Jan 12 - Krill and Table Tennis
Noon Position : lat 52 23.0 S, long 37 53.5 W
Air temperature @ noon today : 4.4 degrees C
Sea temperature @ noon today : 4.4 degrees C
Wind: Direction SW, Force 6-7
The week so far....
Well, I guess one word would sum up this week, and that word would be fog. Not that I have anything against fog.....actually yes I do! It spoils the view and makes the whole of the Southern ocean look the same, cold and dank. Despite the fog, the work on the Biosciences cruise has been going well and we have completed the majority of the transects. I am sure that those on night watch will be happy when we come to the end of this part of the cruise and move on to this year's second Western Core Box and our visit to Bird Island. In the meantime I shall keep an eye out of the window for a bit of sunshine.
Science bit in the middle - Krill olympics
Scientists know lots about the behaviour and ecology of birds and terrestrial mammals because they are generally easy to observe and identify; all you need is a pair of binoculars and some transport. Observing planktonic organisms in their natural environment is much more difficult, especially in the challenging realm of the Southern Ocean. Some observations can be made from deep-sea submersibles or using ROVs (remotely operated vehicles) but the disturbance they cause will inevitably affect the behaviour of the animals being examined.
Over the years scientists have learned a lot about distributions, mass movements and diets of planktonic organisms using a combination of sonar equipment and nets such as the RMT (Rectangular Mid-Water trawl). Over time these broad-brush approaches give a general picture of what is happening beneath the waves but can sometimes be misleading. A famous deep sea biologist once said that inferring anything about the ecology and biology of deep sea from trawls is akin to dangling an anchor from a hot-air balloon as it passes over a city and trying to understand the inhabitants from what gets caught on it. If the anchor caught an umbrella, a hamster cage and a pancake would you then assume that the city was inhabited by rodents that lived on pancakes and that it rained a lot?
In order to understand the incredibly complex biological web of interactions in the open ocean it is necessary to learn something about the individual organisms that inhabit it. Unfortunately when you take many of them out of their habitat and place them in aquaria they either die or are completely disorientated by surfaces and limitations on movement that they do not encounter in nature.
Geraint Tarling (BAS) and Magnus Johnson (University of Hull) have been working together on the James Clark Ross to try and understand some aspects of the behaviour of individual krill. By attaching krill to pendulums linked to a computer they have been able to record the swimming activity of individual krill and relate it to various aspects of their biology. As the krill swims it moves the pendulum and by knowing the weight of the krill and the pendulum it is possible using simple trigonometry to work out how much force the animal is generating. The traces recorded also allow examination of the activity patterns of krill and their response to changes in their habitat. On land this is all pretty straight forward......on a ship that moves with the waves things are a little more complicated. In order to work out how much the krill are moving a control (consisting of an average sized dead krill) is used to work out what the effect of the ships movement is. The method will be checked by comparing measurements of krill swimming on days when the ship is moving a lot and on days when it is at anchor in sheltered bays around South Georgia (and when might that be, then?!).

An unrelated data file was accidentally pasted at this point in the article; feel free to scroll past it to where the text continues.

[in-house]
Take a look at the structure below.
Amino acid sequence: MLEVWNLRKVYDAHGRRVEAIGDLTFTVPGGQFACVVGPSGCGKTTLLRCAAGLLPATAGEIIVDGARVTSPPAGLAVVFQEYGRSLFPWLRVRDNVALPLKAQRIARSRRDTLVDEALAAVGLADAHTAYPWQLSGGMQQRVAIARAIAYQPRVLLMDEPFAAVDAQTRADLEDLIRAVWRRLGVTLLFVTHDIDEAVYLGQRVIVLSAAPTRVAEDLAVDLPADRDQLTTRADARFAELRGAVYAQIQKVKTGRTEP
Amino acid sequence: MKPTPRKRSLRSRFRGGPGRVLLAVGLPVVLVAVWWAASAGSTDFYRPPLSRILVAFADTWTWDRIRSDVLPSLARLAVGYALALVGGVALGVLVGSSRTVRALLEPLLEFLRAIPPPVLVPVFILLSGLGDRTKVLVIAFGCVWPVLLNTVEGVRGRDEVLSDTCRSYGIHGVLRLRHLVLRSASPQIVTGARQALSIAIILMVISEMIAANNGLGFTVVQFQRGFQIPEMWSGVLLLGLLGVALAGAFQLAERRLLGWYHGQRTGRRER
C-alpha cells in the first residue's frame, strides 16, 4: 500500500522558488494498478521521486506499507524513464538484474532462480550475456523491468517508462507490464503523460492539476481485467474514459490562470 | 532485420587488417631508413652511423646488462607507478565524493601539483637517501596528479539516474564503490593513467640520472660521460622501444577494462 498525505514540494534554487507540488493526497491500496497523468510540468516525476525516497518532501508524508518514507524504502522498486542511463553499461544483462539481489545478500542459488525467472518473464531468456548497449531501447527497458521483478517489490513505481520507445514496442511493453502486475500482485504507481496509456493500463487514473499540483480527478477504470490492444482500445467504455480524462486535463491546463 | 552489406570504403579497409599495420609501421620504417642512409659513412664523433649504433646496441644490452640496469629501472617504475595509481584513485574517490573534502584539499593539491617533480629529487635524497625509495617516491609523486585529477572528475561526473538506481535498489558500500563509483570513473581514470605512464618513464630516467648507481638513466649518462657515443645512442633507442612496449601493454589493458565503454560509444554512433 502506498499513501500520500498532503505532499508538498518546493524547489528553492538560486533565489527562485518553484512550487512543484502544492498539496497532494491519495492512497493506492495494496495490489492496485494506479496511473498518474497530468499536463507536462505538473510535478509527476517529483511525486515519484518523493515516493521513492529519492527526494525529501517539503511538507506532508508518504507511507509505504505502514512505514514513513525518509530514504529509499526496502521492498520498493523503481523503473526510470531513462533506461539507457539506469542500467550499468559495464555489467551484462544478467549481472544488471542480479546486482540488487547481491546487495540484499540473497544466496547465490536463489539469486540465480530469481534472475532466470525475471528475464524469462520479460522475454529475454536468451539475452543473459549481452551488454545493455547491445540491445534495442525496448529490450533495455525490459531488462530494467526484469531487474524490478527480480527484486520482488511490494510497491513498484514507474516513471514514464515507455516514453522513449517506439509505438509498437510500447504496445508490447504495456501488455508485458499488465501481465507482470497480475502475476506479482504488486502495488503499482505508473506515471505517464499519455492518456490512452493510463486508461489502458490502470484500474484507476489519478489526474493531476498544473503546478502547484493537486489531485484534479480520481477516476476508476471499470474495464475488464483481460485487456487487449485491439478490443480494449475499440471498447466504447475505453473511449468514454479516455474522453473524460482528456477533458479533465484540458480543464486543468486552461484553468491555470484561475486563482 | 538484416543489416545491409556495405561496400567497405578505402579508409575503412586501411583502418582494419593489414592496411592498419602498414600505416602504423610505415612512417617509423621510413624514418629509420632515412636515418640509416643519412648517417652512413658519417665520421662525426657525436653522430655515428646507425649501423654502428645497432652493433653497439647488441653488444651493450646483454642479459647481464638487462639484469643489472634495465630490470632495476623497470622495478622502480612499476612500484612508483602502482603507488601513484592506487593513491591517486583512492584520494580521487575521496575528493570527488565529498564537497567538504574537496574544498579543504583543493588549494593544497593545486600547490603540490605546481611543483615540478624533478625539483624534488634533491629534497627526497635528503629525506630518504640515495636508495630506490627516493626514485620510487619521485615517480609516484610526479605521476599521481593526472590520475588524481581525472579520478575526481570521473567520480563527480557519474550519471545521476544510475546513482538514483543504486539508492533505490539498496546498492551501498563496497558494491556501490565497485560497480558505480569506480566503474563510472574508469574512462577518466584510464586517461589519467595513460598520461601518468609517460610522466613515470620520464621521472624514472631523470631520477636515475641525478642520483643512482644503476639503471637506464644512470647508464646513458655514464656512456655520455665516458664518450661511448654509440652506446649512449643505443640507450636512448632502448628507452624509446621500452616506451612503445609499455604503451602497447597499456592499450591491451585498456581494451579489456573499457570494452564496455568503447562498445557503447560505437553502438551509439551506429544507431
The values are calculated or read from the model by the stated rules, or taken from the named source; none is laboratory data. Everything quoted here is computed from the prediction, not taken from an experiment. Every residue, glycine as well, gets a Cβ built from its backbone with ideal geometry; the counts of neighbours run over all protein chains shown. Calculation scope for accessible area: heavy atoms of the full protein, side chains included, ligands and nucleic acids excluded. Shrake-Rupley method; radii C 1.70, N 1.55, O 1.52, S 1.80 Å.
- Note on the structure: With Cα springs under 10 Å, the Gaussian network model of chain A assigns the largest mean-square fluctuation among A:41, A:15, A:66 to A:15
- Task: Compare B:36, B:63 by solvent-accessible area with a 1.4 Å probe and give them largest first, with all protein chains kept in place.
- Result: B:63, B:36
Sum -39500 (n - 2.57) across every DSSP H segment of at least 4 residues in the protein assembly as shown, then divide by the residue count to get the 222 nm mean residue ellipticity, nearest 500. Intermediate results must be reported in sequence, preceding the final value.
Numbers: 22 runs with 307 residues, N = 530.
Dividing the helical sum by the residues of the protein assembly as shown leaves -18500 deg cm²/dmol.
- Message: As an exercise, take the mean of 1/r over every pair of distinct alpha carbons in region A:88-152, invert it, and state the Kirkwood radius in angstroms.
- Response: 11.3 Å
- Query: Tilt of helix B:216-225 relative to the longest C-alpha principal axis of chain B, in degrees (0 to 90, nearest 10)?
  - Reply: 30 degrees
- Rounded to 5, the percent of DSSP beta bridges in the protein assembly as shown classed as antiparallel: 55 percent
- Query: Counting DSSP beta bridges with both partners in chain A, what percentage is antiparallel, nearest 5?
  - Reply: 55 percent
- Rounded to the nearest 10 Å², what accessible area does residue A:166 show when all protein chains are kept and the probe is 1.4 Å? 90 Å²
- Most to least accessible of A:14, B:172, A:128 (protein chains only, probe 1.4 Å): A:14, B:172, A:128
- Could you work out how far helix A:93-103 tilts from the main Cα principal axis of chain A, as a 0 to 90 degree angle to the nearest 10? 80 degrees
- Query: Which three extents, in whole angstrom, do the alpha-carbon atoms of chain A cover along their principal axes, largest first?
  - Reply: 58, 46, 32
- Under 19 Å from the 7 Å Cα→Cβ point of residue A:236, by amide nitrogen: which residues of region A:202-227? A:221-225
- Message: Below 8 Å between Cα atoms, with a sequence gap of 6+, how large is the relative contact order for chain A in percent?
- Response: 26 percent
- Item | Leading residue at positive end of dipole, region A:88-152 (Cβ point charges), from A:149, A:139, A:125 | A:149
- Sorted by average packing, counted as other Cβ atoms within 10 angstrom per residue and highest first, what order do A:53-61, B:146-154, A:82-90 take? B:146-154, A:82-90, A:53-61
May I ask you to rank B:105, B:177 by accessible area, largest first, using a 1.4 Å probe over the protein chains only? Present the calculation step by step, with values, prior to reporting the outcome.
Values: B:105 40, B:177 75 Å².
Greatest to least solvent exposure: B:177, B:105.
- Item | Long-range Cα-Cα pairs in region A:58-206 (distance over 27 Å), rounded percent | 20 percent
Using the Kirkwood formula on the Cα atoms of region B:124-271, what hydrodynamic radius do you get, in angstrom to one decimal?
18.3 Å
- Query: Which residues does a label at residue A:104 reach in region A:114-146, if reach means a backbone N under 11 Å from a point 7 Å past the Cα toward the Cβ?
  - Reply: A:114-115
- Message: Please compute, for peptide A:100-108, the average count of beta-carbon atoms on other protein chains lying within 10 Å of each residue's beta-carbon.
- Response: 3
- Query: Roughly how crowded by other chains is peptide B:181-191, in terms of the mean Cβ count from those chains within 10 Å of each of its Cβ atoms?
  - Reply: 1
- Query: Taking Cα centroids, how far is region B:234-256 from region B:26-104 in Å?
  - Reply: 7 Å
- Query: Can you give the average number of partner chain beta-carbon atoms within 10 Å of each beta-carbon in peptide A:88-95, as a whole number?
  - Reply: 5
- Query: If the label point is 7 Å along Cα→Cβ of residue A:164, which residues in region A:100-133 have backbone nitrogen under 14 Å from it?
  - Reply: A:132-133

It is hoped that a better understanding of krill at the level of the individual will help those that are interested in the dynamics of the Southern Ocean at a broader level.
Krill biology by Magnus, thankyou.
Fun and Games
During the last week we have utilised the space in the cargo hold by getting out the table-tennis. A tournament has been organised and the first round is due to be finished in the next 24 hours. As a result there has been a flurry of ping-pong practise and challenges. It doesn't matter if you can only just hit the ball or you played at county level, everyone has been invited to join in. The initial matches should reveal those dark horses who look like they don't know one end of the 'paddle' (table-tennis bat) from the other, but are actually demon players. The reigning champion, Andy Hirst is on this cruise and we wait with bated breath to see if he can retain his title. Popular opinion is that the main challengers to his crown are Lee Jones and Nick Greenwood, JCR stewards. The betting (with chocolate money only!) has opened. Watch this space.
At the time of closing this edition of the diary we are in much the same situation as last week. Still sitting in the Scotia Sea in the fog. However, we have moved further north and there are breaks in the weather. On friday, 7th we had a stunning day with beautiful sunshine. The day was ideal for bird-watching and whale-watching. Those on the bridge and the monkey island reported many sitings, Southern Right Whale, Fin whale and Sperm whale, the latter showing his fluke before a dive only a few metres astern of the vessel as we were fishing. The birds have been numerous, the now familiar Black-Browed Albatross and Pintado Petrels predominate. There are also Wandering Albatross, Silver-Mantled Sooty Albatross, Grey-head Albatross and Prions as well as many others I can't even begin to identify. Andy Clarke and Mark Brandon are needed to help with the birding! It was a great relief to see the sunshine and the horizon, the day ended with a spectacular sunset and that is how I shall end this web-page. Until next week, good-bye!
All photos this week were taken by me, L Handcock